Around the Braj region of India which is most closely associated with the festival of Holi, revellers gather at the Shriji Temple (Laadli Sarkar Mahal) in Barsana during Lath mar Holi which usually falls around March. They throw coloured powder at each other and water fights ensue, ensuring that everyone is smeared in various colours. The event is a popular tourist attraction and people make the pilgrimage to get a glimpse of Lord Shiva who said to briefly reveal himself in the temple during the festival.
On the following day men from Barsana head to the neighbouring town of Nandgaon where they are playfully beaten by local women with their lathis (sticks) re-enacting a story that is told of the Lord Krishna who came to visit his beloved Radha but was rebuffed by the women of Barsana, Radha's village, after teasing her. The women also spray the intruders with coloured water and covered in coloured powder. People also consume 'thandai', a drink laced with cannabis paste.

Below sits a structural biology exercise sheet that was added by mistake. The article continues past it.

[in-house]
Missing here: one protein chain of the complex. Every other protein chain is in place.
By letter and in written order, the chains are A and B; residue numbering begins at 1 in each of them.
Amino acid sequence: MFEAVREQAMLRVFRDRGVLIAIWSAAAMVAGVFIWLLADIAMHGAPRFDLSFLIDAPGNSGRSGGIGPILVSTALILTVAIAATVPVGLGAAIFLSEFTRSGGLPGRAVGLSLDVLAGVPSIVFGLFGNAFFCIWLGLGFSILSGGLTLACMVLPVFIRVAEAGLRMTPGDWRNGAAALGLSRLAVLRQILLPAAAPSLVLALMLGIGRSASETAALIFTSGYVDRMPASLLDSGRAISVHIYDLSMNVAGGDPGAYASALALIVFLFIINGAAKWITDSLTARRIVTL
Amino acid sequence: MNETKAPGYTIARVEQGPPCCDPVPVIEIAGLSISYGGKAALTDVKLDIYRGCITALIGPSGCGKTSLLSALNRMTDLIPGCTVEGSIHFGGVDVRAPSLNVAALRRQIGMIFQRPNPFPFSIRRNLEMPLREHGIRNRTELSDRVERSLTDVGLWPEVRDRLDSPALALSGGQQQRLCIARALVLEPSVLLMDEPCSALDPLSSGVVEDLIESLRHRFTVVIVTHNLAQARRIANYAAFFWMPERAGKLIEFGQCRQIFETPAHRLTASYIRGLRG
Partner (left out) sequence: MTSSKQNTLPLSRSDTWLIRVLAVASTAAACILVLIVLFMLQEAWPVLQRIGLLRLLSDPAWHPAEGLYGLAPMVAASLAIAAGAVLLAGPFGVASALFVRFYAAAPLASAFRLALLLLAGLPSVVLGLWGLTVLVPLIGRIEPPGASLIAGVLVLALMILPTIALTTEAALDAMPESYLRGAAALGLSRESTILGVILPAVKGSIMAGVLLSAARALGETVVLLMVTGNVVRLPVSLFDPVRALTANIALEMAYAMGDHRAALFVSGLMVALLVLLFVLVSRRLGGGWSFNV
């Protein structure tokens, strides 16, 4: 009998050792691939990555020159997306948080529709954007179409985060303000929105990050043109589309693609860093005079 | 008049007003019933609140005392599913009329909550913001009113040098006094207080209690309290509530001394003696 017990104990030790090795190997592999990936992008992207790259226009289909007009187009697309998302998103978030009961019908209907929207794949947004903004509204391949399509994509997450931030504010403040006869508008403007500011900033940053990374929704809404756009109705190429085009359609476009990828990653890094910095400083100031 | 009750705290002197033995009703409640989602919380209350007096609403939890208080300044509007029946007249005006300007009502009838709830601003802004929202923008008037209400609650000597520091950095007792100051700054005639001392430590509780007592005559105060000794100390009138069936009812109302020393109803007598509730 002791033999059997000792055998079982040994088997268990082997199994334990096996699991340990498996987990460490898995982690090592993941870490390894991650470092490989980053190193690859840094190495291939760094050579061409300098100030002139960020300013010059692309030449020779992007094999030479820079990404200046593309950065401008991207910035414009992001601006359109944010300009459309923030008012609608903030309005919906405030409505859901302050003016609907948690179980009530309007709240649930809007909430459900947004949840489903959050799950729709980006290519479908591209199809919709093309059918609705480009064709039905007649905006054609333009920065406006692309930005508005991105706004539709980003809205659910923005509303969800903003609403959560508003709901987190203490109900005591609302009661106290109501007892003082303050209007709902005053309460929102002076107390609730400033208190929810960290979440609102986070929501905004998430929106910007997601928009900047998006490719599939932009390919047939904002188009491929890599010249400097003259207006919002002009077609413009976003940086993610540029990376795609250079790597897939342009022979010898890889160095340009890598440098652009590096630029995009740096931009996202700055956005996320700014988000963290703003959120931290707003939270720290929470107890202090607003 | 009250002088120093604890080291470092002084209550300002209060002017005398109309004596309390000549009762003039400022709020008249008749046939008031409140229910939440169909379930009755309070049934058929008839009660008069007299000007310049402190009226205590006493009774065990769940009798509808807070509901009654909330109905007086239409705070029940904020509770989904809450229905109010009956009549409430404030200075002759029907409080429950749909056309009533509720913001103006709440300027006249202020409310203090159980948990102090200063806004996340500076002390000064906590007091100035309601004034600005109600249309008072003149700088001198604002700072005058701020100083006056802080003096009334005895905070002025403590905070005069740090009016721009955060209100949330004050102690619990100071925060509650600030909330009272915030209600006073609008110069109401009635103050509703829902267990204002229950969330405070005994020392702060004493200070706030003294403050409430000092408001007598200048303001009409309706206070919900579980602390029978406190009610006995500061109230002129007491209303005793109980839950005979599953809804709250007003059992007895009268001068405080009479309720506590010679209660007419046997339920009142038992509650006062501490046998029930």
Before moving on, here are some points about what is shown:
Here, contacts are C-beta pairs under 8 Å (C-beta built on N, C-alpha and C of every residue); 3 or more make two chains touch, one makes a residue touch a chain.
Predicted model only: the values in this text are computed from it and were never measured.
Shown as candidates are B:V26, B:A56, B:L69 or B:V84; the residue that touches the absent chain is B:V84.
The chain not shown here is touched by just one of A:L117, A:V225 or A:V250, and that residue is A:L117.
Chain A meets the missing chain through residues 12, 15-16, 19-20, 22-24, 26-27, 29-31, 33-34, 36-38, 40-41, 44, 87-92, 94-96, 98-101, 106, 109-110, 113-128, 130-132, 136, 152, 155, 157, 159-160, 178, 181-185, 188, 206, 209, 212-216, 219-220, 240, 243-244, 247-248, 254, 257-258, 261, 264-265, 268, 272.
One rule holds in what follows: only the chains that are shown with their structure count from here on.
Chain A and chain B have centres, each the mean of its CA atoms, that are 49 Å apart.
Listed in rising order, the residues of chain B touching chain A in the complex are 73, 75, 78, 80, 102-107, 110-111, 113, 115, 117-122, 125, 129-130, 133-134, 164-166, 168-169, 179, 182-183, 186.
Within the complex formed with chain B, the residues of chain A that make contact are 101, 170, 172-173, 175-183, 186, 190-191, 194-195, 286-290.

Holi is celebrated across northern India and has become a major draw for tourist from around the world. The double celebration between Barsana and Nandgaon remains the heart of Holi in India.